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Kfar Saba Residents Collect Food for Unrecognized Bedouin Villages in the Negev

Adi Engert, a social worker and Meretz candidate for city council, tells Davar about the mobilization of civilians and critiques the Welfare Ministry: "People are hungry and without protection. The state should be showering everyone with money"

איסוף מזון לתושבי הכפרים הלא-מוכרים בנגב (צילום:  המועצה האזורית לכפרים הלא מוכרים בנגב)
A food collection drive for residents of unrecognized Bedouin villages in the Negev. Organizer Adi Engert: "Right now people are giving everything they have, but they are running out of money" (Photo: Regional Council for Unrecognized Villages in the Negev)
By Yaniv Sharon

"If the country doesn't come to its senses, there will be a humanitarian disaster," claimed Adi Engert, one of the organizers of an ongoing campaign in the central Israeli city of Kfar Saba to provide aid for residents of unrecognized Bedouin villages in the Negev desert who face particular hardship during the war.

"On Saturday evening we realized that we had to deal with this situation," said Engert, a social worker by profession, who is running for the Kfar Saba city council on behalf of the Meretz party.

"All normal activity has stopped. Meretz's headquarters has become a center for collecting donations for the residents of the Gaza Envelope and the soldiers.

"On Tuesday I spoke with my friend Esti Shochat Rosenfeld, who I worked with in transporting Bedouins to the polling stations during the last election campaign, and I asked her if she knew what their situation was now,” she continued. "She spoke to her contact who said the situation is very bad, the people are starving."

Adi Engert. "We have no state or organizational infrastructure. It’s based on goodwill" (Photo: Private album).
Adi Engert. "We have no state or organizational infrastructure. It’s based on goodwill" (Photo: Private album).

Engert knows the reality of life in the unrecognized villages.

"There are about 300,000 people there, with 200,000 of them below the poverty line,” she explained. “There is no protection there, they are like sitting ducks. This is a population that works in agriculture for an hourly wage. They aren’t working now – they are afraid of harassment."

Engert and Rosenfeld chose to focus on food aid. Engert, one of the founders of a bilingual school in Kfar Saba, put out a call on social media, and people joined the initiative.

"Donations of dry food have arrived from citizens of Israel, Jews and Arabs, from Haifa, from Jerusalem, from Kfar Saba and recently also from Lod and Ramla," Engert said, adding that members of the 'Standing Together' movement for Jewish-Arab coexistence also joined the efforts.

"We have no state or organizational infrastructure," she emphasized. "It is based on the goodwill of people and familiarity between the people. One of the volunteers opened Paybox and became the treasurer. [Our project] relies on the human spirit."

At the donation center in Kfar Saba, the collected food is packed in packages per family and transported to the Negev in private cars. The packages arrive at the emergency center in Hura, which distributes the food among the unrecognized villages.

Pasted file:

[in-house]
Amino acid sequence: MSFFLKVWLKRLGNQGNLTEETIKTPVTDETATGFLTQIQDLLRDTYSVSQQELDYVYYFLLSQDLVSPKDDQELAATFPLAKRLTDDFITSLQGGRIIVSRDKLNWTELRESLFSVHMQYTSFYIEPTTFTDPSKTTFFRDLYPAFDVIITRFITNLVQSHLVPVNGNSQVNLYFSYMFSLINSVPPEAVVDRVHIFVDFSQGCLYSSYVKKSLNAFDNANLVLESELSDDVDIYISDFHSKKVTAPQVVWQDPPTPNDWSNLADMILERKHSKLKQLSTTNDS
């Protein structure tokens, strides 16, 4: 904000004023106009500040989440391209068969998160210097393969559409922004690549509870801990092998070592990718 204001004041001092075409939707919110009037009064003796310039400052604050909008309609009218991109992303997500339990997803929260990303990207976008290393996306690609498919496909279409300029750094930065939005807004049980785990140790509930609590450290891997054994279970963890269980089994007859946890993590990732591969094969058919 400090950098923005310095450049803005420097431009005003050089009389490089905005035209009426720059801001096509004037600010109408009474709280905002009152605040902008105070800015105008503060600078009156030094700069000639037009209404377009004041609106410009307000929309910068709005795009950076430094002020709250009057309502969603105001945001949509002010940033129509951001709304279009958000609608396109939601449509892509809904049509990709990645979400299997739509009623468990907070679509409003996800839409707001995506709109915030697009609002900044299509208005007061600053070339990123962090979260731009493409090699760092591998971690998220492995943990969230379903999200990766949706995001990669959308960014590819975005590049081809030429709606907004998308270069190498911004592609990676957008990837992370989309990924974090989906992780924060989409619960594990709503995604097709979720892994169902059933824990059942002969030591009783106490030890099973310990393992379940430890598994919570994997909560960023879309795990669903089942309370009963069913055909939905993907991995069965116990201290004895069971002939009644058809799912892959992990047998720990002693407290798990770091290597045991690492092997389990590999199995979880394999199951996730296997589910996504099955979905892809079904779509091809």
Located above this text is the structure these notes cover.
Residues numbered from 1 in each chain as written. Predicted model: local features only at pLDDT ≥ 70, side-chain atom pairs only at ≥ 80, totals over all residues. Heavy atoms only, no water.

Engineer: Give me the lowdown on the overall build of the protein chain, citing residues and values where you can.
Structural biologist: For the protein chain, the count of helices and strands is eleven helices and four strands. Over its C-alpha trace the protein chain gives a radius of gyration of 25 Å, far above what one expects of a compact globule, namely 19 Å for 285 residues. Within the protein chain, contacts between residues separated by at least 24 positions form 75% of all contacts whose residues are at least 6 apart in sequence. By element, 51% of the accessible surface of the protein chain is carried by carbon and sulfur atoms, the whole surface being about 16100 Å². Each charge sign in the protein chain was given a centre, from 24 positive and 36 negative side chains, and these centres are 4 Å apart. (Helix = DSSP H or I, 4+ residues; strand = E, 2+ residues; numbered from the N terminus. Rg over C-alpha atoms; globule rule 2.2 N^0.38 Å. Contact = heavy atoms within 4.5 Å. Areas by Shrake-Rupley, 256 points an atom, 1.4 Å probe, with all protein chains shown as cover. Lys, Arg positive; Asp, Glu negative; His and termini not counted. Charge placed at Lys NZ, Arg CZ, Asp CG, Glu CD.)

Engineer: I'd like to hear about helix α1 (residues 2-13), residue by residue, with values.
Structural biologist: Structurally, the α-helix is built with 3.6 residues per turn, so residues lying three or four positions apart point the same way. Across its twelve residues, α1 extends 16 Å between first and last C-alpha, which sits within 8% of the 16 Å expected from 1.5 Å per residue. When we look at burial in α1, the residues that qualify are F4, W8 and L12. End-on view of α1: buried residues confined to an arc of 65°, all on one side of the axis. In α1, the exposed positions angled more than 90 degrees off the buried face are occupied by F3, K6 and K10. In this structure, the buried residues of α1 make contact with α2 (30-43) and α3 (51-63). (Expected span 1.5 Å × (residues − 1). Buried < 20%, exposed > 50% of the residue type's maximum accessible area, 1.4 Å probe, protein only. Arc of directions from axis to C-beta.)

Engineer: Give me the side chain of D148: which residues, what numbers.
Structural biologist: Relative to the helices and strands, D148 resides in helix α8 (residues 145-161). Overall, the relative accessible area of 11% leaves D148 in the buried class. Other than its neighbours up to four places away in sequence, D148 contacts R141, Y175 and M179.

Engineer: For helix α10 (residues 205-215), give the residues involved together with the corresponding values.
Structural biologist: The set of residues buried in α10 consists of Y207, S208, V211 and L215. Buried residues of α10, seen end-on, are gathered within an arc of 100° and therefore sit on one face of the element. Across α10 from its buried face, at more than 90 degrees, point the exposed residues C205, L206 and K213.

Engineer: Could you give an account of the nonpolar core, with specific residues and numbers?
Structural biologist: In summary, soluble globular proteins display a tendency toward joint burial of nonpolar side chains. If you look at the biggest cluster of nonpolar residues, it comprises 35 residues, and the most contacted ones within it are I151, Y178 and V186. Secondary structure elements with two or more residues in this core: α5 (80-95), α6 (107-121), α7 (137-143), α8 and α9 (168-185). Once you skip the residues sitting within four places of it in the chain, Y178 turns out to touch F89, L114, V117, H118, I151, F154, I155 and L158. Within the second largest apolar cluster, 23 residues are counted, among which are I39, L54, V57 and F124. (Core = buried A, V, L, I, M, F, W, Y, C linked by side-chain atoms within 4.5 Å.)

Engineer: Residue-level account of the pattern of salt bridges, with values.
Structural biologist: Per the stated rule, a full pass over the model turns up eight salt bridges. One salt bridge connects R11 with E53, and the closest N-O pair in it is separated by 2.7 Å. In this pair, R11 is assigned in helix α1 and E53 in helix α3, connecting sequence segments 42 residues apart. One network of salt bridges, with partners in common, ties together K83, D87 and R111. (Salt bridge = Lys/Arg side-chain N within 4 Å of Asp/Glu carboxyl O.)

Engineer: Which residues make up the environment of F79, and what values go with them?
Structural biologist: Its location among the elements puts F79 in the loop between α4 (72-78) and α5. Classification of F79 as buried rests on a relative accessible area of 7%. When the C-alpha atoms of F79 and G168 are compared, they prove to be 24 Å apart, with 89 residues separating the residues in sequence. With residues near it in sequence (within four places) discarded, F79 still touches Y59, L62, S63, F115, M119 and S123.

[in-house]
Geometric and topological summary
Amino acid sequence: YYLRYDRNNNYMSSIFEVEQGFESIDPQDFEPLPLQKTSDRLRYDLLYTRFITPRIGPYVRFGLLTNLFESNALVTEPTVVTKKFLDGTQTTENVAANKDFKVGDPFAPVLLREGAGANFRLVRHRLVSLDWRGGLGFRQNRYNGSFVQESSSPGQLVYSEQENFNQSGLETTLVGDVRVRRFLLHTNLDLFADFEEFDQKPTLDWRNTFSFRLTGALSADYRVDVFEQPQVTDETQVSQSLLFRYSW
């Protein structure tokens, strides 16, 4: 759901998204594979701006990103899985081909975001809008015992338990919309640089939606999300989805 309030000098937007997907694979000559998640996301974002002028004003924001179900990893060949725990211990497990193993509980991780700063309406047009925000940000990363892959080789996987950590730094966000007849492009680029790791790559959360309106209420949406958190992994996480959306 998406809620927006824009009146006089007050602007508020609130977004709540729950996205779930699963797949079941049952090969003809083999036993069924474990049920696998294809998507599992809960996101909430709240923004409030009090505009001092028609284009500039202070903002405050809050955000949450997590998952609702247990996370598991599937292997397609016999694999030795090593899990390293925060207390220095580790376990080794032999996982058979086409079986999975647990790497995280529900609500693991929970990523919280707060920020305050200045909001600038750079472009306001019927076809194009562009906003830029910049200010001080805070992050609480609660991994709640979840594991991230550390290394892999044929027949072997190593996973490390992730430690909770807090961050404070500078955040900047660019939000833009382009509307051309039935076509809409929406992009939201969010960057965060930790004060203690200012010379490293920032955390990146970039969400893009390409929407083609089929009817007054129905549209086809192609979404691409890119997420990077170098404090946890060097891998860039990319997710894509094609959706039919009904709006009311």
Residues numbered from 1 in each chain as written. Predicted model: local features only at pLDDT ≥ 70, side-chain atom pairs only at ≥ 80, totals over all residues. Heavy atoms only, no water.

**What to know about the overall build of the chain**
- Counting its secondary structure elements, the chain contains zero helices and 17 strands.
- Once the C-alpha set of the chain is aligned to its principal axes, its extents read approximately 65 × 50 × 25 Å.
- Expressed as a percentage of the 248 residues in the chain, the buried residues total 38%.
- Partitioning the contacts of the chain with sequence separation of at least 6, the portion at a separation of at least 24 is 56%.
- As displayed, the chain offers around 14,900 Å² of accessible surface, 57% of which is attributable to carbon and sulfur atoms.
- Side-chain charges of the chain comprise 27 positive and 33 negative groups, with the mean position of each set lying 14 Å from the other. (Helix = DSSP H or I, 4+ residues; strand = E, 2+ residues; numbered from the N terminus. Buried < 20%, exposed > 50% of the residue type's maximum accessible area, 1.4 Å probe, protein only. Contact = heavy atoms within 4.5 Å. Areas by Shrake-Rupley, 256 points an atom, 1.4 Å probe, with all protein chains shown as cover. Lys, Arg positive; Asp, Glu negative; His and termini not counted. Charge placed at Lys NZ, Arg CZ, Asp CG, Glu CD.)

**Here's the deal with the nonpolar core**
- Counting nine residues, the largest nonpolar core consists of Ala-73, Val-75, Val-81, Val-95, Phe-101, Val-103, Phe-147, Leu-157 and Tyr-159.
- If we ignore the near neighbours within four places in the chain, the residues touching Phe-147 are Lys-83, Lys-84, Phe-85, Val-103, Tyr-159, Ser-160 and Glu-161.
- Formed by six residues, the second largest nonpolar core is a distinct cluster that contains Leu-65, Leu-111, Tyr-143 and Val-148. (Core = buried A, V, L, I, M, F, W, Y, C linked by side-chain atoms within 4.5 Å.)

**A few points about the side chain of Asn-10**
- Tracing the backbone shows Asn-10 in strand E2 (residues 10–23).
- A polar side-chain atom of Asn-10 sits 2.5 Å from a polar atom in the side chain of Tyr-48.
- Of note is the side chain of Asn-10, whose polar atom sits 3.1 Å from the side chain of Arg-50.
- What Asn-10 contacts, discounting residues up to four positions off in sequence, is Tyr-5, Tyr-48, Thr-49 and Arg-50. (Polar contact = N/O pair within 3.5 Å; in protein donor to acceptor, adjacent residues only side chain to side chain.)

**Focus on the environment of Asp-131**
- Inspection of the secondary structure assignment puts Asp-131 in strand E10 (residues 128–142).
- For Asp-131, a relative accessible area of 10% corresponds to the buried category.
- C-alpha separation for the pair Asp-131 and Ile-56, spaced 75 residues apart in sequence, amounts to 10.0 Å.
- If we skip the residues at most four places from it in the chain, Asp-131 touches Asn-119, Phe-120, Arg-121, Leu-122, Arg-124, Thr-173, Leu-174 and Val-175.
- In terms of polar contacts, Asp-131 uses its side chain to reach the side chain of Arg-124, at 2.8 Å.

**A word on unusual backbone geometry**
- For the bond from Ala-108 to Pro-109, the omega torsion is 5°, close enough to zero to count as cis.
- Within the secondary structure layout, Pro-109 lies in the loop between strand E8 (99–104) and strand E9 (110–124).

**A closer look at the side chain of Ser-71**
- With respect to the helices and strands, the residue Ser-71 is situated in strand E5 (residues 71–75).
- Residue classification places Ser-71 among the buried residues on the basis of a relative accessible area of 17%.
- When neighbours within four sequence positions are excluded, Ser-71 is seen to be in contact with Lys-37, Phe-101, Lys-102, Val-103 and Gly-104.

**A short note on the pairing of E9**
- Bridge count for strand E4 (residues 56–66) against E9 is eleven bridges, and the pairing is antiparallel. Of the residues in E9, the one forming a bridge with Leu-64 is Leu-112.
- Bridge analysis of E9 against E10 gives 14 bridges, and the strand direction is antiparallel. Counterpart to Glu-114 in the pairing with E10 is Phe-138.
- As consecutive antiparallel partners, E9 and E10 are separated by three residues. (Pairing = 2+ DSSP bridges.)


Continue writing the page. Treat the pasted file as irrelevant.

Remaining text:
"There are many volunteers there – Desert Star, AJEEC (Arab-Jewish Center for Empowerment, Equality and Cooperation), the Council for Unrecognized Villages, and people like me without an organization. They know the area and know what the needs are," Engert said.

Engert knows very well that her project will not last forever.

"Now everyone is opening their wallets and putting down their own names [for donations]," she said. "Everyone is mobilized now, the generosity is endless. People are giving everything they have and sometimes what they don’t have. But they are running out of money."

Engert remembers one woman who brought a kilogram of rice, saying that she wouldn’t go hungry without it.

"This is what people do, and it's more than I imagined," she said.

When Engert is asked about the state’s ability to respond, she responds with a bitter smile.

"There is no state. We have been holding on for two weeks. How much longer can we hold on? A month?" she said. "Homeless people, foreign workers and asylum seekers – everyone is starving now. There will be a humanitarian disaster.

"There is no state. We knew it once, but its traces have been lost. I will continue as long as I can," Engert added.

Engert demands a comprehensive and immediate solution.

"The Ministry of Welfare should distribute food without checking for eligibility and without identity cards," she said. "The state should be showering everyone with money – especially on vulnerable populations like the evacuees from the Gaza Envelope. No one has made an orderly decision to evacuate them. They are refugees in their own country, internal refugees. The state needs to understand that there are tens of thousands of displaced people here, and to act accordingly."

As a social worker, Engert has witnessed the power of the state and the weakness of the public welfare service.

"The state could come in directly like I did. A state is made up of people. Even though the public welfare system has been starved, there are also personal decisions determining the reality," she said.

Engert cites the rapid organizing of the Union of Social Workers' on the first day of the war.

"Did someone prevent the Deputy Director of the Ministry of Welfare from organizing something like that?" she wonders.

"You can't take away the personal responsibility of the middle and senior ranks in the civil service. A lack of personnel was discovered," she continued. "It's a societal failure, not just a security one. Just as the security establishment has to be held accountable, so too do the welfare institutions."

This article was translated from Hebrew by Lily Sieradzki.

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